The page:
Hieroglyphic writing first began around 5000 years ago. Egyptians wrote in hieroglyphs up to about 400 AD, after that they wrote in a short-hand cursive style called demotic.
(in the British Museum, London)
We are able to decipher hieroglyphs thanks to a special chunk of rock and a determined Egyptologist. In 1799, a soldier digging a fort in Rosetta, Egypt found a large black stone with three different types of writing on it. The writing was a message about Ptolemy V, who was ruling Egypt at the time. Because the message was written during the time when the Greeks ruled Egypt, one of the three languages was Greek. The other two were demotic and hieroglyphic. The three languages on “The Rosetta Stone” said the same thing. And even though people could read Greek, they couldn’t figure out how to match up Greek words with hieroglyphic words. For years no one was able to understand how the hieroglyphic message corresponded to the Greek one.
neat vertical hieroglyph panels tell the story
Finally, in 1822, a French Egyptologist named Jean François Champollion figured out how to decipher hieroglyphic writing. He realized that the hieroglyphs that spelled “Ptolemy” were enclosed in a cartouche, so he was able to match it up to the Greek spelling. This discovery enabled him to equate the unfamiliar hieroglyphs with familiar Greek words and to translate the entire message.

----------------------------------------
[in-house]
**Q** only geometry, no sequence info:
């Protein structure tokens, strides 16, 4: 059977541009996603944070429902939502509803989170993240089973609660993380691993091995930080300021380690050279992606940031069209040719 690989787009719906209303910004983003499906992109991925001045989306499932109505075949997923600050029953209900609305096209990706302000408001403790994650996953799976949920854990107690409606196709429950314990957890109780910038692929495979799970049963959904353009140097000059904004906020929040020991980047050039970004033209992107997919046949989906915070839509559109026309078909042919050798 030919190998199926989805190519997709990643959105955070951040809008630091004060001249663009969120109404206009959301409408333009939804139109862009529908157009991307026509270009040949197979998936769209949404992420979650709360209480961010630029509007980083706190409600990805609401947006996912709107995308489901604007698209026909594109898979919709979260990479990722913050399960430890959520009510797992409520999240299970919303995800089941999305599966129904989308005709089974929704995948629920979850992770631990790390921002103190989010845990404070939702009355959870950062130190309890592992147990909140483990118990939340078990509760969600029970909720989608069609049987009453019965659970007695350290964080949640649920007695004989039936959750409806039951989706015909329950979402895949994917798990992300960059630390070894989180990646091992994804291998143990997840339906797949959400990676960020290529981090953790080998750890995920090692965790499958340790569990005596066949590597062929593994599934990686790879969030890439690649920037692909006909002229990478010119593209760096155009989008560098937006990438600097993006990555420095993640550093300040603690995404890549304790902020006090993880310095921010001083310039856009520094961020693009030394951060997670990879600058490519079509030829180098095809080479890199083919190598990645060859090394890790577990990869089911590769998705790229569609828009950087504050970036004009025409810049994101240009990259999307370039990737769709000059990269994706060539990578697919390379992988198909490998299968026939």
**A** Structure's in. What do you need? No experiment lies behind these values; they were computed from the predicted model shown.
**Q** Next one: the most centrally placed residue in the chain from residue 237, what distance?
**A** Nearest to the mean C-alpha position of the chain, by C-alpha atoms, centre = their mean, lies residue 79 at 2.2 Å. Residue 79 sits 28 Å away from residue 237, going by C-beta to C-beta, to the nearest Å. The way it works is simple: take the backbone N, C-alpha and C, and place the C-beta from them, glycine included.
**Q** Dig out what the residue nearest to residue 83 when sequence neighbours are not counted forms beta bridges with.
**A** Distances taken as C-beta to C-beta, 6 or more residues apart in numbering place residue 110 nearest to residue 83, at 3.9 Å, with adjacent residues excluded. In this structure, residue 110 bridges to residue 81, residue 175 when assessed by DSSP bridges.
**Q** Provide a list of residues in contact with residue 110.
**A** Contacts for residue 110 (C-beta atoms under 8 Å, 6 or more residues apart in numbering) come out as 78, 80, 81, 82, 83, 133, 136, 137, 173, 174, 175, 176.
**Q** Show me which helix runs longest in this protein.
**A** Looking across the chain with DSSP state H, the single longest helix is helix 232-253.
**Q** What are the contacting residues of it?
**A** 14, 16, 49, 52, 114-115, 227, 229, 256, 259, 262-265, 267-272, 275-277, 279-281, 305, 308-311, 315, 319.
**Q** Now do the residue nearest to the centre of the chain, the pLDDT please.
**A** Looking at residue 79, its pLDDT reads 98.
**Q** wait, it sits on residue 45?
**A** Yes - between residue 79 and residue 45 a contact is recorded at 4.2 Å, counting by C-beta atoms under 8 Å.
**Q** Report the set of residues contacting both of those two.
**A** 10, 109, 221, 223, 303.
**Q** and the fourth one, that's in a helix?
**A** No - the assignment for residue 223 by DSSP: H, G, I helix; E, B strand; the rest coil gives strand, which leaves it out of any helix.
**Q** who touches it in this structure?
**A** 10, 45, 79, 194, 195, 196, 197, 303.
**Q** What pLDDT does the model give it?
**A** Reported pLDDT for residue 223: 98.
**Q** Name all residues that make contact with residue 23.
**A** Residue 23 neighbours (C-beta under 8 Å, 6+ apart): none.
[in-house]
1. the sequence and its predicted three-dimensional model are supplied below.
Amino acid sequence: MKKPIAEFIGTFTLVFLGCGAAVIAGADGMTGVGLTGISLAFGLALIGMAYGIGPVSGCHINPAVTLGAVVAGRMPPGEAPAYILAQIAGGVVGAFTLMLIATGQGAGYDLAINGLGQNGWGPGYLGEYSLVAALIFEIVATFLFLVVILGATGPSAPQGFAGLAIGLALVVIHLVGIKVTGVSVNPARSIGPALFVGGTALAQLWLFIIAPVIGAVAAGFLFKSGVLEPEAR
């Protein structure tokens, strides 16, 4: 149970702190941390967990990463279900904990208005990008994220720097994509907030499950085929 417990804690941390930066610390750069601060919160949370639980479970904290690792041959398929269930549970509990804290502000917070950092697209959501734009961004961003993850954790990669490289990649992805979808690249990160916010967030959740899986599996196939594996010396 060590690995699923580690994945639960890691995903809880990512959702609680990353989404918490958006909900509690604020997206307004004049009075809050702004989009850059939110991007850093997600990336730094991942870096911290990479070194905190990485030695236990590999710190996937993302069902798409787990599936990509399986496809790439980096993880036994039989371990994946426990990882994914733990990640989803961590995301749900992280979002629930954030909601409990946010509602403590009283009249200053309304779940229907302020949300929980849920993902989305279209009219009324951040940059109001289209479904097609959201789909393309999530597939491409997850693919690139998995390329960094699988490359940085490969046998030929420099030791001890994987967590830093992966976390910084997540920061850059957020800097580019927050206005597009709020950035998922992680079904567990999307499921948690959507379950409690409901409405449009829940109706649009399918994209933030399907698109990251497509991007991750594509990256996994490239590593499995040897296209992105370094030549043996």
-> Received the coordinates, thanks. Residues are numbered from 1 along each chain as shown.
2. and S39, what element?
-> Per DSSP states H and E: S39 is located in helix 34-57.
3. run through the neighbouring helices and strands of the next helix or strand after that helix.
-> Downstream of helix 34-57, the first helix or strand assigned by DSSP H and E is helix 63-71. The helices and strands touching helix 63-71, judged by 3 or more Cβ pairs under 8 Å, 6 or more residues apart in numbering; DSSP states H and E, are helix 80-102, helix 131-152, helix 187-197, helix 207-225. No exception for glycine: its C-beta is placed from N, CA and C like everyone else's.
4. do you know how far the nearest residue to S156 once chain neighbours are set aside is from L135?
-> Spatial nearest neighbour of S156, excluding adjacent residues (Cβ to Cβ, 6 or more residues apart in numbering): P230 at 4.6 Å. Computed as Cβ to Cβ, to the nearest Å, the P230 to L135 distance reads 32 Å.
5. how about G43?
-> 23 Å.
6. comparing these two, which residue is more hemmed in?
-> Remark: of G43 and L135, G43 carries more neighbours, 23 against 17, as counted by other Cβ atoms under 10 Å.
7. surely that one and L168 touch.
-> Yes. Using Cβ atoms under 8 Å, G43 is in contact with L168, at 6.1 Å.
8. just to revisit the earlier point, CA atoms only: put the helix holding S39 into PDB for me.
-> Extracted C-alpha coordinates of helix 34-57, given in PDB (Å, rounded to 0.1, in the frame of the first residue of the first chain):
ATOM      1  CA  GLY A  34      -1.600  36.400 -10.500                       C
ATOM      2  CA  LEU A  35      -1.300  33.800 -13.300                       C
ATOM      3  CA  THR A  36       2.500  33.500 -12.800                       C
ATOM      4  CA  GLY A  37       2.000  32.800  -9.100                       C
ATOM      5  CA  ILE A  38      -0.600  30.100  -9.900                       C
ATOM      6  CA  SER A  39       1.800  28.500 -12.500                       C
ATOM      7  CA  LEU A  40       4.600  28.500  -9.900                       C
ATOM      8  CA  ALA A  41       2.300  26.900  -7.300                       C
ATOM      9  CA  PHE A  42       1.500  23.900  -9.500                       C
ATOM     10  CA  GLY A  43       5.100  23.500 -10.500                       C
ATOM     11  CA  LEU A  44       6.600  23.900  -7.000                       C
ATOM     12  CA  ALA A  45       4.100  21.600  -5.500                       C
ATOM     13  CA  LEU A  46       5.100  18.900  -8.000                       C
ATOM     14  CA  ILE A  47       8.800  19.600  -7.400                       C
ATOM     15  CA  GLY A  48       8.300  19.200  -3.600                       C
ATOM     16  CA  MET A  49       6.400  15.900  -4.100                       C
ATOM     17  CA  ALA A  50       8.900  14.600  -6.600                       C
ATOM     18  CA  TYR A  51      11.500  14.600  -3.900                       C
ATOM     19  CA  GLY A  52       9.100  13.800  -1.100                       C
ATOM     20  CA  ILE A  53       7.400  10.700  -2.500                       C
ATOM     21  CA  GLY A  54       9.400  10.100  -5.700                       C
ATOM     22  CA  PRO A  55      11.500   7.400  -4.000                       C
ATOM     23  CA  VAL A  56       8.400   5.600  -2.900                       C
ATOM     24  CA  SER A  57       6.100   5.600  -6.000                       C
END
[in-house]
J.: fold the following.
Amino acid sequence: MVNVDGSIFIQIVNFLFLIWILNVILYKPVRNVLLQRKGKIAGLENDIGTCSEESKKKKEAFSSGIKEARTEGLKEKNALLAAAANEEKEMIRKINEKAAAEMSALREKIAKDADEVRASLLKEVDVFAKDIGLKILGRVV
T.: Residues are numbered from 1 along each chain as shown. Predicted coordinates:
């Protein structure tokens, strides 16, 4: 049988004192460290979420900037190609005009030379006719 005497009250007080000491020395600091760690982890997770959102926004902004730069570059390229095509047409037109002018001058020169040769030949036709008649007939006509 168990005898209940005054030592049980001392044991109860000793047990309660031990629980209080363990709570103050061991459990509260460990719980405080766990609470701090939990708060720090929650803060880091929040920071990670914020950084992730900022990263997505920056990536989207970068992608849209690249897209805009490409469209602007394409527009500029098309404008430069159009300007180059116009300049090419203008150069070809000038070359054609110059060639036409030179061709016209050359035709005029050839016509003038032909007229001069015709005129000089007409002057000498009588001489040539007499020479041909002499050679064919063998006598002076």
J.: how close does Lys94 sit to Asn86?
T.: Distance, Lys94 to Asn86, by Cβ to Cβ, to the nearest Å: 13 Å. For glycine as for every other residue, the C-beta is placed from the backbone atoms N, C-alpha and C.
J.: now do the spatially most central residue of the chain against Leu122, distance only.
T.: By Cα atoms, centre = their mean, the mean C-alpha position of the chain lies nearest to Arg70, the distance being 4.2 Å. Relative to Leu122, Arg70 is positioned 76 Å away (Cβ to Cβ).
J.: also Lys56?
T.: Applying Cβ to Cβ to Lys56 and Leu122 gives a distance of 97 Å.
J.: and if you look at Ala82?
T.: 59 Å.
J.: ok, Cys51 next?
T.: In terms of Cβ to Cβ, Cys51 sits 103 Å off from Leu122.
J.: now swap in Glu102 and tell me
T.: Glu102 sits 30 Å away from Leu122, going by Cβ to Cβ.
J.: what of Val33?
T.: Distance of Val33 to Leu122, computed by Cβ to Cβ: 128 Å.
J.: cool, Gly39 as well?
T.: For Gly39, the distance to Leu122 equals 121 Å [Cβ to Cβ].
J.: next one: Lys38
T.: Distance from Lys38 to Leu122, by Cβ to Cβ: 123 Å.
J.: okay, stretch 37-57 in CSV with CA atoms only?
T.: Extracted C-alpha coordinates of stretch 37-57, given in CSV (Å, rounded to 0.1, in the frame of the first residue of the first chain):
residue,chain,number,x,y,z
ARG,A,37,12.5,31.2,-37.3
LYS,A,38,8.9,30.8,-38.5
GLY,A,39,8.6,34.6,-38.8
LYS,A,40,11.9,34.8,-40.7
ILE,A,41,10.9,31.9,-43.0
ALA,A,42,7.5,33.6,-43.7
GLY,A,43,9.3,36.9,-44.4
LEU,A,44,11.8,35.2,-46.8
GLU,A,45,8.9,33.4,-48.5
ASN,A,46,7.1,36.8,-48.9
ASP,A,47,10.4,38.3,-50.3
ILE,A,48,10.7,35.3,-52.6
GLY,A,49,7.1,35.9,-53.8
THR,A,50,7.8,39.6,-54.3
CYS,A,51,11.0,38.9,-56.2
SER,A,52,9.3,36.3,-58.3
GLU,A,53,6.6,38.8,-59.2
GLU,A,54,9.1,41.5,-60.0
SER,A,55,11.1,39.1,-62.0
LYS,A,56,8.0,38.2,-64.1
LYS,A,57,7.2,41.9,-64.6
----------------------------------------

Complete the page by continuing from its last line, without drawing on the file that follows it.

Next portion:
hieroglyphs face right, therefore, start reading from the right
Like our writing, hieroglyphs could be written from left to right. But sometimes they were read right to left, or even in up and down columns. You can tell which way hieroglyphs are supposed to be read by looking at the people, plants, and animals. If they face left, start reading at the left. If they face right, start reading from the right.
When Egyptians wrote, they didn’t just write one hieroglyph after the other, like letters in a word. They arranged them neatly in rows and columns to look nice.
hieroglyphs facing left, so read from the left
colorful ceiling panel
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